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Include contact information. Your name and phone number should be at the top left or right corner of the release so reporters can contact you if they have additional questions. If the public is supposed to call for reservations or information, include the phrase, “More information may be obtained by calling (phone number).”

Don’t forget a kill date. If your event or activity expires at a certain point (an event you are sponsoring or involved with), include a date reporters can kill the story. Place the kill date in the upper left hand corner of your release: “Do not use after (date).” Additionally, if a release is sent early to the media, include the statement, “Do not use before (date)” so the news doesn’t appear before other advertising is in place. This doesn’t always work with the media, but it doesn’t hurt to include it anyway.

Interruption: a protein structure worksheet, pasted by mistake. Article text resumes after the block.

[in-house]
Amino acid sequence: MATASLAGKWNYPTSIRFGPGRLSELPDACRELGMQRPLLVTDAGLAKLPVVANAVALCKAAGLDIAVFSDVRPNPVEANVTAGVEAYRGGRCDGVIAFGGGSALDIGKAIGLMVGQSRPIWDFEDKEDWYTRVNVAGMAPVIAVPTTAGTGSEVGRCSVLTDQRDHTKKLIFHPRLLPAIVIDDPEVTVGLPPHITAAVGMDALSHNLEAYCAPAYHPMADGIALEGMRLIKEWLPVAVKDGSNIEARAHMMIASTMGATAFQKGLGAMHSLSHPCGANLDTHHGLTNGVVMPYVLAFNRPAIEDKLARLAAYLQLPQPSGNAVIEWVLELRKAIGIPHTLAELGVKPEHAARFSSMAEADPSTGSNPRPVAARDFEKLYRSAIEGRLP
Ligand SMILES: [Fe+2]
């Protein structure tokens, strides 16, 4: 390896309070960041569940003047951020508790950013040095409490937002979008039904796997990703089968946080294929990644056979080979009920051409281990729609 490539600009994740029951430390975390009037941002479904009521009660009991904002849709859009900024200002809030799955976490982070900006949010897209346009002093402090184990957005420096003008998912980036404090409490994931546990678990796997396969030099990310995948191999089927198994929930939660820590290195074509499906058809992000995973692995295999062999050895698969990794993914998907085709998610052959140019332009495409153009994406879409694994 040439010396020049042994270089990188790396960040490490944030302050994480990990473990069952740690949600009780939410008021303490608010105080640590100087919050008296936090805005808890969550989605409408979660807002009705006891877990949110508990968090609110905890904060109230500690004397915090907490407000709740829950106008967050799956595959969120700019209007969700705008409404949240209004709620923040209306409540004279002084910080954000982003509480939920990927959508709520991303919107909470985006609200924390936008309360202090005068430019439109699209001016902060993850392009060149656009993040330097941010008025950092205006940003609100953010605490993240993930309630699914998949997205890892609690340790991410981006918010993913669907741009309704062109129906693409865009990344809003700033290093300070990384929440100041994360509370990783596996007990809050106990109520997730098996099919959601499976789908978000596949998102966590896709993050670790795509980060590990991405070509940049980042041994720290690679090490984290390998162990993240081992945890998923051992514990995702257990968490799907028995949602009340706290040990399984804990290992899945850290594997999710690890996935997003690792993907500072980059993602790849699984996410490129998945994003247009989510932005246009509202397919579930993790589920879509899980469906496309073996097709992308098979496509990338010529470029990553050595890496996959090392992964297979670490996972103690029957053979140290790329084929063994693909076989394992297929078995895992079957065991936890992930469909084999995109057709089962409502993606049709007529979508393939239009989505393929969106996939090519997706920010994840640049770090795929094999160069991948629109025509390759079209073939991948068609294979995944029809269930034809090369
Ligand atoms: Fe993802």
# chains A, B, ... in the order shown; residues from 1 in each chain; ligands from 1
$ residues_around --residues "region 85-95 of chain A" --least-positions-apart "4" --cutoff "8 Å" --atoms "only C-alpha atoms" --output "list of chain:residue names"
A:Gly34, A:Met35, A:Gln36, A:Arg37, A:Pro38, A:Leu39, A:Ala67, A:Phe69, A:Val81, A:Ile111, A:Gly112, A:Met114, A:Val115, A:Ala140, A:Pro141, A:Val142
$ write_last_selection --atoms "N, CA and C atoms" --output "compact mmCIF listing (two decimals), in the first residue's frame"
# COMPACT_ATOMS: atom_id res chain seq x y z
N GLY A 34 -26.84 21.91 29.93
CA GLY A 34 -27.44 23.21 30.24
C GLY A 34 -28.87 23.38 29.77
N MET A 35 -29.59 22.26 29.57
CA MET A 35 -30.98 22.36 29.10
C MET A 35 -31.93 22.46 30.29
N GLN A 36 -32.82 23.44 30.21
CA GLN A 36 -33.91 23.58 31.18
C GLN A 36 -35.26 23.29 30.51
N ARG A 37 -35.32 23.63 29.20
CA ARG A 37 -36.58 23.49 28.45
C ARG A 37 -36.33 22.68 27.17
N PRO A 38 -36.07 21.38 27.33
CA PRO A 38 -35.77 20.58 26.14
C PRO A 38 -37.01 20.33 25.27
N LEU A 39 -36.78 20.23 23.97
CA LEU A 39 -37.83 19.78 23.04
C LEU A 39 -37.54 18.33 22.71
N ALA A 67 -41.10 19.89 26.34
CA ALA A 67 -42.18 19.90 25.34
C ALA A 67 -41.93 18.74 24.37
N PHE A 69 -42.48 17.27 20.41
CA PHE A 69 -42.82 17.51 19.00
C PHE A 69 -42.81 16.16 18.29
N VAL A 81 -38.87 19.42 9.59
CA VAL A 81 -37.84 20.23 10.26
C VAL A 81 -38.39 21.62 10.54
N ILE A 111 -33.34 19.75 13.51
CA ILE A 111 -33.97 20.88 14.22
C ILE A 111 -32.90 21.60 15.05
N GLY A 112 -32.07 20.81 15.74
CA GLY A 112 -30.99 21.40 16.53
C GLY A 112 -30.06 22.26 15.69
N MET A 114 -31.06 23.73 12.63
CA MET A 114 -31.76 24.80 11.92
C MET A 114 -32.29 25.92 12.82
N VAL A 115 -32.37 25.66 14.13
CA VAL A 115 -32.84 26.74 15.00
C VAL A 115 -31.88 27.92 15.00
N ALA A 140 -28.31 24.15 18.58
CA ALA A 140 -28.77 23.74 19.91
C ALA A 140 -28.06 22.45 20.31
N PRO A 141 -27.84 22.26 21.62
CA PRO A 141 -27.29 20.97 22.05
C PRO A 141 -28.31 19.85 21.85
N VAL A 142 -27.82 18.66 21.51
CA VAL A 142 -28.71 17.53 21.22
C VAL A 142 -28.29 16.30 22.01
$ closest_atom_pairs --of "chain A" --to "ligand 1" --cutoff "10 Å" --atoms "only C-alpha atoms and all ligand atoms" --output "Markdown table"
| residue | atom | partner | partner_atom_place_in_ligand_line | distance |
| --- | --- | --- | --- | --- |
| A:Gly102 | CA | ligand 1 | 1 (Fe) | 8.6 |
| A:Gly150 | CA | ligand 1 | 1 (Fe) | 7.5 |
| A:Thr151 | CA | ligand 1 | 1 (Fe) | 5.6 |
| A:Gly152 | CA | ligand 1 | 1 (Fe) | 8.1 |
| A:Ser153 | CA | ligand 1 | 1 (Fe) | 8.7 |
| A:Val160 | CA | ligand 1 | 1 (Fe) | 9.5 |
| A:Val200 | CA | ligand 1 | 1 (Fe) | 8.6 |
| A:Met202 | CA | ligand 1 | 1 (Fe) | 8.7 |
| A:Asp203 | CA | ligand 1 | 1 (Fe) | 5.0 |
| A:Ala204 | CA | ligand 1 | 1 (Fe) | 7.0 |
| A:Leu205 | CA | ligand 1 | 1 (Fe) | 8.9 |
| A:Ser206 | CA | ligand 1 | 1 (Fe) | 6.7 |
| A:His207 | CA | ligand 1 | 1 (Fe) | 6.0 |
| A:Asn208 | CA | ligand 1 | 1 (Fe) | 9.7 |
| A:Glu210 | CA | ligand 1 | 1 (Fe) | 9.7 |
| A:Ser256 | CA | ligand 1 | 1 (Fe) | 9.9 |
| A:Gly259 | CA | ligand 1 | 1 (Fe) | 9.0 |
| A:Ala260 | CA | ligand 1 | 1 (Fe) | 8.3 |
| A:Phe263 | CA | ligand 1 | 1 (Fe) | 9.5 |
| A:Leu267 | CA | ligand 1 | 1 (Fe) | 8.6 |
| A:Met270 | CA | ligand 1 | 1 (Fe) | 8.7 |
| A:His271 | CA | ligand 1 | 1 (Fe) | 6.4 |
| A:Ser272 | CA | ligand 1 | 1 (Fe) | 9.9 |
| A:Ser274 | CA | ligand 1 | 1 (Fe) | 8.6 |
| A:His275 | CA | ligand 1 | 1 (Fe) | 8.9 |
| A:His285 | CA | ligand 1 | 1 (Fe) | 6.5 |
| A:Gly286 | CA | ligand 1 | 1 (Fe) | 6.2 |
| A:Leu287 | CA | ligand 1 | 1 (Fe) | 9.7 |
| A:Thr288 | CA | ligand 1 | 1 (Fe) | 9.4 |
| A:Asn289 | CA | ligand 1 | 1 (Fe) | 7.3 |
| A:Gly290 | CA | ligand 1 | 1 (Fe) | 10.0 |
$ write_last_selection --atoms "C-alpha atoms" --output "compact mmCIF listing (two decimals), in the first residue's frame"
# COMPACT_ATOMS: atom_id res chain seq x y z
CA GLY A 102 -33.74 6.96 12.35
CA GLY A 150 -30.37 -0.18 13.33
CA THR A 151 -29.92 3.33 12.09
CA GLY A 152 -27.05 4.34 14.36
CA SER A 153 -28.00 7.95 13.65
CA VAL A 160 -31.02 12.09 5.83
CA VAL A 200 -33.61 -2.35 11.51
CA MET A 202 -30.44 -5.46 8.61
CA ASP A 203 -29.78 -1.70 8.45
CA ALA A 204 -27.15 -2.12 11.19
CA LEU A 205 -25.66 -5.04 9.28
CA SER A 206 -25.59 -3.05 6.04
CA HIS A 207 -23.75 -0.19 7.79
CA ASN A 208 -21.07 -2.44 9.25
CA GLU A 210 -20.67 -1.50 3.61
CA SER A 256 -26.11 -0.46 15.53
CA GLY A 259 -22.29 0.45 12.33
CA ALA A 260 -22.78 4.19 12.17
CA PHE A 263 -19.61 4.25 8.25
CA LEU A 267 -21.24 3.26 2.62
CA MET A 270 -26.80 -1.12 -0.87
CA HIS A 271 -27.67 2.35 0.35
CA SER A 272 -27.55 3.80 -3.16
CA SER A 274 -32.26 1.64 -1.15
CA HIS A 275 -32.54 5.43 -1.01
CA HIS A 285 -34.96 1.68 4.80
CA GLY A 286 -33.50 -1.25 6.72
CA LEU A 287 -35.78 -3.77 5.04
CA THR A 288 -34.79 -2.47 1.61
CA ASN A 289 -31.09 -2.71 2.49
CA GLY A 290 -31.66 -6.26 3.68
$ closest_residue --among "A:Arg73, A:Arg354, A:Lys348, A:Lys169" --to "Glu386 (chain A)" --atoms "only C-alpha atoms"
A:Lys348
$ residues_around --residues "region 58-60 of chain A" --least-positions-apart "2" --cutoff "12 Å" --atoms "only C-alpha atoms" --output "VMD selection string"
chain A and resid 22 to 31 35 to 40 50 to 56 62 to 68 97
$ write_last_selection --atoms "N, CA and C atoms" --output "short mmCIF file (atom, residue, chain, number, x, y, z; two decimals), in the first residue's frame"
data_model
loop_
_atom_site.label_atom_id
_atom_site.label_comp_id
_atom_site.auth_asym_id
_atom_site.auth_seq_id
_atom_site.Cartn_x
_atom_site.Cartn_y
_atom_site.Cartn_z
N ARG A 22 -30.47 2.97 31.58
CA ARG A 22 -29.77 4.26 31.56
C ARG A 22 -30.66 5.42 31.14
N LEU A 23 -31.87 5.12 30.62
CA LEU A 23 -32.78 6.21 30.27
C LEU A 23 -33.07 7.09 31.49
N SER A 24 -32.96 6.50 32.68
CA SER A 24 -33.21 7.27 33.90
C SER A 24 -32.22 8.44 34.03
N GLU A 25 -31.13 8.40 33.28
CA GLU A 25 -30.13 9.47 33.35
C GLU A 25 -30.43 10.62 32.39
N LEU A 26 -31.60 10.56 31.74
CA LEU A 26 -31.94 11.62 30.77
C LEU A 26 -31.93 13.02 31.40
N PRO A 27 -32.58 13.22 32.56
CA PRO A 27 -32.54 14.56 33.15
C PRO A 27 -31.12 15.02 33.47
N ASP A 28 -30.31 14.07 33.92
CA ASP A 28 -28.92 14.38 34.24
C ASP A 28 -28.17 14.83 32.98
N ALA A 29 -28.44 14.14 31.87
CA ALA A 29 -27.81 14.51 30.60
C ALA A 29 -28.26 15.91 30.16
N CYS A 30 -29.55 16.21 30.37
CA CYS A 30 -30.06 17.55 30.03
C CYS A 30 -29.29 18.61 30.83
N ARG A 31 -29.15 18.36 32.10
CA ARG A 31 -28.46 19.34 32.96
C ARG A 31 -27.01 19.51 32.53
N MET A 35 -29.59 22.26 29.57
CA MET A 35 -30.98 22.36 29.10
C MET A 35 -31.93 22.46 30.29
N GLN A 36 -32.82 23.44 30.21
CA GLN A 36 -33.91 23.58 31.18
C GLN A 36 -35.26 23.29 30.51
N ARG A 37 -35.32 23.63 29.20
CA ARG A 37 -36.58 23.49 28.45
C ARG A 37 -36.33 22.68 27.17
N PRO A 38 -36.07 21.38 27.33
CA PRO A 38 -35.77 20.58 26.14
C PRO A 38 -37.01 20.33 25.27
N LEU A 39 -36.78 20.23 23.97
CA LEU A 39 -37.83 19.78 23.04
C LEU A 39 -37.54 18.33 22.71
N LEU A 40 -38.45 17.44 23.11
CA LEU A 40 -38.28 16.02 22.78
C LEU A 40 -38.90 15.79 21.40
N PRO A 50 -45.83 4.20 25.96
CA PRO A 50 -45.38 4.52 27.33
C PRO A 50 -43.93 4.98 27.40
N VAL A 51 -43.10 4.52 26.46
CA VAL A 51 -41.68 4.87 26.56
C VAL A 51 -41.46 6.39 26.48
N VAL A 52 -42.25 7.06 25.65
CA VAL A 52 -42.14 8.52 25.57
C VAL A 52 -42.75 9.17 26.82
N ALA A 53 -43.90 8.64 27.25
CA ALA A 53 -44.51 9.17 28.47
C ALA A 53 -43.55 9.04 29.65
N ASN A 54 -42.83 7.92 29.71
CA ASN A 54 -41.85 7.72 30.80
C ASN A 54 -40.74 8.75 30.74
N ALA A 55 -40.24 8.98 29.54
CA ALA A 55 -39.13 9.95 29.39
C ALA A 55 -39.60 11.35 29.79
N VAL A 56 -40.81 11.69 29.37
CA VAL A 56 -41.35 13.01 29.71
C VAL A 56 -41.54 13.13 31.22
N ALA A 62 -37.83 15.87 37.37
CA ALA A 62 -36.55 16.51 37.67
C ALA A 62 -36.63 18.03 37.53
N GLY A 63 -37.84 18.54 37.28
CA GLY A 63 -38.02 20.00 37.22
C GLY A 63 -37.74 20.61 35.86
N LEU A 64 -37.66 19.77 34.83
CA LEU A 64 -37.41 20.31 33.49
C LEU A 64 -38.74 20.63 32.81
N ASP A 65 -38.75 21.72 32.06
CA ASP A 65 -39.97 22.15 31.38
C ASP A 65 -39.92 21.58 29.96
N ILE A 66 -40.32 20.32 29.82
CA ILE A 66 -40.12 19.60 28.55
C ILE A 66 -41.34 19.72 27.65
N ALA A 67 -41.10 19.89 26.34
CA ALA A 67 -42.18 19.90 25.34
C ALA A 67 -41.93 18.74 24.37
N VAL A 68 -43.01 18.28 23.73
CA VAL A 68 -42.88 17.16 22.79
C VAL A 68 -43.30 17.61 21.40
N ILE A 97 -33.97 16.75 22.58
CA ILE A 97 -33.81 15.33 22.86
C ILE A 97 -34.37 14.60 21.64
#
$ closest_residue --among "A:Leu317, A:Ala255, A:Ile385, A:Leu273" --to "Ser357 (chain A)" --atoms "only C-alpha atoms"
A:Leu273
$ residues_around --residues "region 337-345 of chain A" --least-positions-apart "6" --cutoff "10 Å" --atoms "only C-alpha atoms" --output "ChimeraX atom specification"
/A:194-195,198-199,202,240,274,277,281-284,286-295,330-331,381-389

Always answer the basic questions. Your submission doesn’t have to be a Pulitzer Prize winner. More than likely, a reporter will rewrite your release anyway. But do be sure to include the who, what, where, when, why and how of your news. You’d be surprised how many releases come across a reporter’s desk that include the time of an event but no date; a place, but no address; a name, but no explanation of who the person is.

First things first. State the most important facts in the first paragraph, the second most important facts in the second and so forth. One or two sentence paragraphs are standard in news releases.

Brevity is next to godliness. Never use a long word when a short one will do. If it’s possible to cut a word or sentence out without changing the meaning of the release, cut it out. Never use a foreign phrase or business jargon when plain English will do. Use direct quotes for color, pace and emphasis. Use “he said” or “she said” to attribute the quote. Include the person’s title when quoting them. Keep sentences under 18 words if possible. And be human. Relate your writing to other people.

The I’s never have it in releases. Never use the first person, even when you’re writing a quote for which you’re attributing yourself. Always use the objective third person tense – he, she, they.

White is right. If you mail the release, it should be printed out on white 8 1/2″ x 11″ paper or your letterhead. Do not send press releases out on colored paper. Also, double space the release and leave wide margins so editors or writers can make notes and corrections when they edit the release.